Ergonomics of stretching

Does stretching help prevent musculoskeletal injuries?

Responding are Josh Kerst, vice president, and Michael Hoonhorst, associate consultant and ergonomics engineer, Humantech Inc., Ann Arbor, MI.

Answer: To stretch or not to stretch? This is a common question within the ergonomics community. Should companies deploy stretching programs to reduce the likelihood of employees developing a work-related musculoskeletal disorder? Although many companies advocate stretching before and during the workday, research indicates mixed results. Some research that claims stretching is effective is based on subjective, rather than objective, measurements. Therefore, these claims aren’t necessarily proven.

MSDs are injuries that usually occur at joints in the body and involve muscles, bones, nerves, tendons, ligaments, cartilage and spinal discs. They may be the result of overexertion and cumulative load on the body. Proponents of stretching argue that it limits the risk of developing these types of injuries because it alters the properties of the tendon muscle unit, changing the amount of force production and range of motion at that particular joint. This change affects the distance the muscle can stretch and the amount of force required to tear the tissue.

However, the largest body of research is focused on athletes and injury prevention. Care should be taken in extrapolating these findings to workers, as the intensity, repetition and duration of physical exertion vary between these two populations. In most cases, major physiological differences between athletes and industrial workers make inference even more difficult.

Reviews of the most relevant published medical studies on stretching found that while stretching does increase flexibility, it does not prevent injuries.1 Dr. Ian Shrier, past-president of the Canadian Academy of Sport and Exercise Medicine, agrees with these findings.

His research concluded that stretching will not change eccentric muscle activity, which is believed to contribute to most injuries, and that stretching actually can cause skeletal damage. Research also suggests that stretching may mask muscle pain, which could cause the worker to ignore key pre-injury signals.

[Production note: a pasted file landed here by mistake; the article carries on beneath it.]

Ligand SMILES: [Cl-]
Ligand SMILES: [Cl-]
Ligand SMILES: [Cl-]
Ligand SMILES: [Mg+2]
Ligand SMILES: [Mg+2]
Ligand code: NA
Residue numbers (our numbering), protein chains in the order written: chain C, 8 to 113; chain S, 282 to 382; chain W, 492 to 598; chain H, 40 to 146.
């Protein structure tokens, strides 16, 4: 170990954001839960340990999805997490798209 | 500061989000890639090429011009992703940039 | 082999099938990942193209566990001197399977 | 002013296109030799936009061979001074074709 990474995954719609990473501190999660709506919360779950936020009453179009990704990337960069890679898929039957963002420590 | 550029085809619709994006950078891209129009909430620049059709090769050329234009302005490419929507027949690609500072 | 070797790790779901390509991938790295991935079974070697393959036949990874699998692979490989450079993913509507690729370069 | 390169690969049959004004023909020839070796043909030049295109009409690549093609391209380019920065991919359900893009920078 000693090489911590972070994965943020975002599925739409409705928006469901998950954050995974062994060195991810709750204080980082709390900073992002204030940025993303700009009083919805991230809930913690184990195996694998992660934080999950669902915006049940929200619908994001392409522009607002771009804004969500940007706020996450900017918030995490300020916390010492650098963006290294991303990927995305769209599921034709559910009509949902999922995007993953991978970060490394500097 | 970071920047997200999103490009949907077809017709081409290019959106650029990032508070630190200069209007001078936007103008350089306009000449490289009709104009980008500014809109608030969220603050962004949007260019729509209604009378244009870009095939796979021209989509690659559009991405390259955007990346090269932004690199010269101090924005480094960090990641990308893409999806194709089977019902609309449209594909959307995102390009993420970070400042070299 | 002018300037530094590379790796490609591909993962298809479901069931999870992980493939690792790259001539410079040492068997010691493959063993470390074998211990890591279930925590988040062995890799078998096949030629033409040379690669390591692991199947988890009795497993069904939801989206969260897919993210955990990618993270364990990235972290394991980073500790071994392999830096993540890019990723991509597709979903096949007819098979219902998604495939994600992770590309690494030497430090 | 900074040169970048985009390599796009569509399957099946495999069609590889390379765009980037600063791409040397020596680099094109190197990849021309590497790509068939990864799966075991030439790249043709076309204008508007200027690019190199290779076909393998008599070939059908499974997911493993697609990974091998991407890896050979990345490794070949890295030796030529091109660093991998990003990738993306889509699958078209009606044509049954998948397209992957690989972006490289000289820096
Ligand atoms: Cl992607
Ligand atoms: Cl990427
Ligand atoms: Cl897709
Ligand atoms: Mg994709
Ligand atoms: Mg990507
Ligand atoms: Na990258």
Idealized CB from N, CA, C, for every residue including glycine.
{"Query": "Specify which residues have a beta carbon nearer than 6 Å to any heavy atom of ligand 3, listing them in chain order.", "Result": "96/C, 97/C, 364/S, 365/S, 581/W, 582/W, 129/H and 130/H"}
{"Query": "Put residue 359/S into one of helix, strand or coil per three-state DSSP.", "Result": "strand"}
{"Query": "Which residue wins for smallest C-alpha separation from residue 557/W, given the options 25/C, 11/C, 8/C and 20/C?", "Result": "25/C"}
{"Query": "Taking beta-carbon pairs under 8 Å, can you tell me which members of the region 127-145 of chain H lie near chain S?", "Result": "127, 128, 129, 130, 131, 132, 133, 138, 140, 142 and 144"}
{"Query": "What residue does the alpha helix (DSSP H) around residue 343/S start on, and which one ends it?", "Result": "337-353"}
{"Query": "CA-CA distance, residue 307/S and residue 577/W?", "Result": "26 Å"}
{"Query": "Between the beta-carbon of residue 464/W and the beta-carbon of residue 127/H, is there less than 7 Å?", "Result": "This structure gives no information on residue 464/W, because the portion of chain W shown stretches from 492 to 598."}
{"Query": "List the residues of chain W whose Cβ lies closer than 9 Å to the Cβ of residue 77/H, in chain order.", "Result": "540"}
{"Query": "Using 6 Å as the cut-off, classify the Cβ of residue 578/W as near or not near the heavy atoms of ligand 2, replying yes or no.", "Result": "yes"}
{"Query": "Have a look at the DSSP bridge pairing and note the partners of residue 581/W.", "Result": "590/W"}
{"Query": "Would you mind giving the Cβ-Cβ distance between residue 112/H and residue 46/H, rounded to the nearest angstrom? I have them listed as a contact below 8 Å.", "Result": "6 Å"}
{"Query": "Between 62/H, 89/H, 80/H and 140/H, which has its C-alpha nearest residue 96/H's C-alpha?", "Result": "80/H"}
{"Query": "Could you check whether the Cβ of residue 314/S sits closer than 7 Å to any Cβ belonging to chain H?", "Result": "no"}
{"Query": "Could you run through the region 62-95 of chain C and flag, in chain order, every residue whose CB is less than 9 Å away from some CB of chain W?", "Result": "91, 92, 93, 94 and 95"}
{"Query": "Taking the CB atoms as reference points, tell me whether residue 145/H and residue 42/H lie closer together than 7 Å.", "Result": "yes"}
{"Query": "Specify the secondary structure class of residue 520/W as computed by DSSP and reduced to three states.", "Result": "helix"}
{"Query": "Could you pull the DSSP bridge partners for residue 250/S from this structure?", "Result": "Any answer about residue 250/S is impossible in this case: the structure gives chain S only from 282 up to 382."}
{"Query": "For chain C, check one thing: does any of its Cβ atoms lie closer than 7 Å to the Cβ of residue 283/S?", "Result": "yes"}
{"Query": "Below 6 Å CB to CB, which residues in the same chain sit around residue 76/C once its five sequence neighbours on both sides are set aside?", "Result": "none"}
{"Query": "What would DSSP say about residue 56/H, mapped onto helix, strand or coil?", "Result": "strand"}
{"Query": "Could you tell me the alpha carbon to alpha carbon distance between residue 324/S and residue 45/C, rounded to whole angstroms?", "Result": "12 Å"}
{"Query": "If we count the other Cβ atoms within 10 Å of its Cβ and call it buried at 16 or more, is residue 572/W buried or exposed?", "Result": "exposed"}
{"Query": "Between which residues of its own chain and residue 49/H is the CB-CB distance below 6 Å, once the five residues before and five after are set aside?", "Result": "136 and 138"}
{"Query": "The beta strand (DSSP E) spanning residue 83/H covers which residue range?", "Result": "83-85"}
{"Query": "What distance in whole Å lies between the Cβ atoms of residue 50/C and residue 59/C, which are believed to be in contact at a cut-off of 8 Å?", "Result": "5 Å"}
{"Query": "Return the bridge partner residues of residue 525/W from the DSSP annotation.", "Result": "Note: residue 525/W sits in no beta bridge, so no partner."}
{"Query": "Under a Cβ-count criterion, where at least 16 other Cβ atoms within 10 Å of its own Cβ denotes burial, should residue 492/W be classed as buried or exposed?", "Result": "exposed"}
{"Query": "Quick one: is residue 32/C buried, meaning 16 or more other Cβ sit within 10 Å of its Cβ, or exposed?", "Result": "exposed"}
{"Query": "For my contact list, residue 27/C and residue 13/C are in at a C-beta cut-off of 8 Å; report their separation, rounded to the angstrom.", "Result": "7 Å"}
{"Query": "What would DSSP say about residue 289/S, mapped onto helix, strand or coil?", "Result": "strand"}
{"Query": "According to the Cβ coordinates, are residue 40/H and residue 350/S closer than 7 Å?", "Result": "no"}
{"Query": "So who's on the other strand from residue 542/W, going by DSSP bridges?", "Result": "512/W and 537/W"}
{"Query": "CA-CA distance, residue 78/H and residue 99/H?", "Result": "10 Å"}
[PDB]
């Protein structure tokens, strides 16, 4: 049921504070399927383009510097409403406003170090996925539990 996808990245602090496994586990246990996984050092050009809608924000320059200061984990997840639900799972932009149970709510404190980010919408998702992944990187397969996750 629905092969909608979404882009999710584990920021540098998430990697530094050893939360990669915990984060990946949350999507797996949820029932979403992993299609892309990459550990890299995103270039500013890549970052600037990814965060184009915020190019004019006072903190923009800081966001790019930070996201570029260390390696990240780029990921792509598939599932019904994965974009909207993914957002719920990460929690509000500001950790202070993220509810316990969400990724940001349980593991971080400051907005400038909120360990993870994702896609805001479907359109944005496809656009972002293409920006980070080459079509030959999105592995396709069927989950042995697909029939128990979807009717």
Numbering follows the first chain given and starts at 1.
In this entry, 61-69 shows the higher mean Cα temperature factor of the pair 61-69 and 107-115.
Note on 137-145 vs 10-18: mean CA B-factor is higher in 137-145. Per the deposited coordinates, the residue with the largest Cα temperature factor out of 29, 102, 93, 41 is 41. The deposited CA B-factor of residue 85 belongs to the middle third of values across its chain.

Bruno and Vieira2 reviewed seven articles that measured the ability of a stretching program to prevent work-related MSDs. The articles looked at workplace stretching programs across several industries. None of the articles reviewed showed a significant decrease in work-related MSDs.

Researchers have expressed concern that stretching may be harmful for those already experiencing work-related MSD symptoms. The article, “A review of physical exercises recommended for VDT operators,” pointed out that 90 percent of common office ergonomics stretching exercises could actually aggravate pre-existing conditions.3

Findings from Humantech’s recent studies show that companies saw better returns on their investments by proactively fitting the job to the person, rather than seeking to match the person to the demands of the job.

The participating companies understand that they should drive improved employee performance through ergonomics, rather than attempting to manage MSDs. For example, if a person complains of back pain because he or she constantly bends over to retrieve parts from a pallet, raise the height of the pallet. The higher work height will eliminate the need to bend over and the associated back pain.

If we can perform our work in the comfort zone (between our shoulders and knees), then our need to stretch out aches and pains brought on by our job tasks diminishes.

1. Thacker, S.B., Gilchrist, J., Stroup, D.F., and Kimsey, C.D. (2004). The impact of stretching on sports injury risk: a systematic review of the literature. Medicine & Science in Sports & Exercise, Vol. 36, No. 3, pp. 371-378.
2. Bruno, R.C. and Vieira, E.R. (2008). Stretching to reduce work-related musculoskeletal disorders: A systematic review. Journal of Rehabilitation Medicine, Vol. 40, No. 5, pp. 321-328.
3. Lee, K., et al. (1992). A review of physical exercises recommended for VDT operators. Applied Ergonomics, Vol. 23, No. 6, pp. 387-408.

Editor’s Note: This article represents the independent views of the author and should not be construed as National Safety Council endorsements.

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